The role of granulocyte colony-stimulating factor receptor signaling in neutrophil development
Hematopoiesis or blood cell formation is a strictly regulated process that, in adult individuals, takes place mainly in the bone marrow. All blood cells are derived from a small population of pluripotent stem cells that are capable of self-renewal and differentiation towards distinct lineage-committed progenitor cells. These committed progenitor cells can undergo proliferation followed by terminal differentiation into mature blood cells that include granulocytes, monocytes/macrophages, lymphocytes, erythrocytes, and platelets. Most mature blood cells have a limited life span and need to be replenished constantly. This continuous production is tightly balanced and is regulated essentially by two mechanisms. Stromal cells in the bone marrow affect hematopoiesis by direct cell-to-cell contact and provide a suitable microenvironment required for hematopoietic cell development. In addition, a network of cytokines and hematopoietic growth factors (HGF) specifically control the proliferation, differentiation, survival, and function of different hematopoietic cells. This network is particularly important under stress conditions, such as infection or bleeding, when a rapid rise in specific blood cell types is needed.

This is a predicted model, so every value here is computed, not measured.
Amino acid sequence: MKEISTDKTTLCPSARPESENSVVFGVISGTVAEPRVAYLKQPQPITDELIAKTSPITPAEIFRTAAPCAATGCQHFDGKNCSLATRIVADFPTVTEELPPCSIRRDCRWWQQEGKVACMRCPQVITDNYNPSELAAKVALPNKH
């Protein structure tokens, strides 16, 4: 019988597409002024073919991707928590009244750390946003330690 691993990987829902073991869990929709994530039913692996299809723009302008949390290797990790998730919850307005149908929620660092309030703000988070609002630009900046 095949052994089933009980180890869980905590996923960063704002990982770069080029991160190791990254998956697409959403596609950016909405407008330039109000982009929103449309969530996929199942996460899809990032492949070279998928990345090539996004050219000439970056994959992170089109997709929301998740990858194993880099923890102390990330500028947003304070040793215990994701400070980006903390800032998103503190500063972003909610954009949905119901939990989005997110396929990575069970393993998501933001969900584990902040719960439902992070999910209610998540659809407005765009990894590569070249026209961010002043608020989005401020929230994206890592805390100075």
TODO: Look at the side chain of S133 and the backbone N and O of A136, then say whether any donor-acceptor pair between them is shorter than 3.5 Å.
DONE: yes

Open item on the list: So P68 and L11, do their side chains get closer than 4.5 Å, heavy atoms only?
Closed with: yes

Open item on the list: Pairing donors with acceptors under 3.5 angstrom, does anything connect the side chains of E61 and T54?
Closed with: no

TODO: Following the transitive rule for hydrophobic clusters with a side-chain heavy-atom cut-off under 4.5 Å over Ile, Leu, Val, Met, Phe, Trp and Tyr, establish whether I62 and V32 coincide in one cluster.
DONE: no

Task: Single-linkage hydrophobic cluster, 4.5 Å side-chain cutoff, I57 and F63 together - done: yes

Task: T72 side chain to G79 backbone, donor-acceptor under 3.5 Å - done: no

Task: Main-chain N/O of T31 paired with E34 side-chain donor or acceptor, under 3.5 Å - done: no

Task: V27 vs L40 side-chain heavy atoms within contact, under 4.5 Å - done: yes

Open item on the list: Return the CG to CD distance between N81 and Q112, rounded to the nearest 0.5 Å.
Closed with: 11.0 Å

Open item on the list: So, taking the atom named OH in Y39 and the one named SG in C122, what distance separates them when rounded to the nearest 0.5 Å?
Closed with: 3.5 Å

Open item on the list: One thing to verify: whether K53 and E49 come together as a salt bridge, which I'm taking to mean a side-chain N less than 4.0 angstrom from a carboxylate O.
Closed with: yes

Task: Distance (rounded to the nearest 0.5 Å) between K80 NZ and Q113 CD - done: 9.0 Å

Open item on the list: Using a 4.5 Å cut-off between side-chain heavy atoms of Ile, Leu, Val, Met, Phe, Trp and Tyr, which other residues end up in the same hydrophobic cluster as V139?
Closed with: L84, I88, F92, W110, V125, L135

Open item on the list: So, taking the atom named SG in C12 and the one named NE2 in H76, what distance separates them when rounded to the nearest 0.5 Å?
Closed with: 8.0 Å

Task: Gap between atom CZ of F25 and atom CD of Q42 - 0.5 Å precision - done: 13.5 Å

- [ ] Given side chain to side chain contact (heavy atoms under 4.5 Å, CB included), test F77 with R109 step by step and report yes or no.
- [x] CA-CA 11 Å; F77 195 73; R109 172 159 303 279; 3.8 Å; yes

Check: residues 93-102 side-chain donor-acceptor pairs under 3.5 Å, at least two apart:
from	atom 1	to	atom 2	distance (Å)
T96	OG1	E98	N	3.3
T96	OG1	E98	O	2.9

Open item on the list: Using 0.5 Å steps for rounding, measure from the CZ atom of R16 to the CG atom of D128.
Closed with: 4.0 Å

|Keywords||hemathology, neutrophil granulocytes, receptors|
|Promotor||Touw, I.P. (Ivo) , Löwenberg, B. (Bob)|
|Sponsor||Dutch Cancer Society 'Koningin Wilhelmina Fonds', Netherlands Organization for Scientific Research (NWO)|
|Publisher||Erasmus MC: University Medical Center Rotterdam|
de Koning, J.P.. (1999, March 10). The role of granulocyte colony-stimulating factor receptor signaling in neutrophil development. Erasmus MC: University Medical Center Rotterdam. Retrieved from http://hdl.handle.net/1765/19739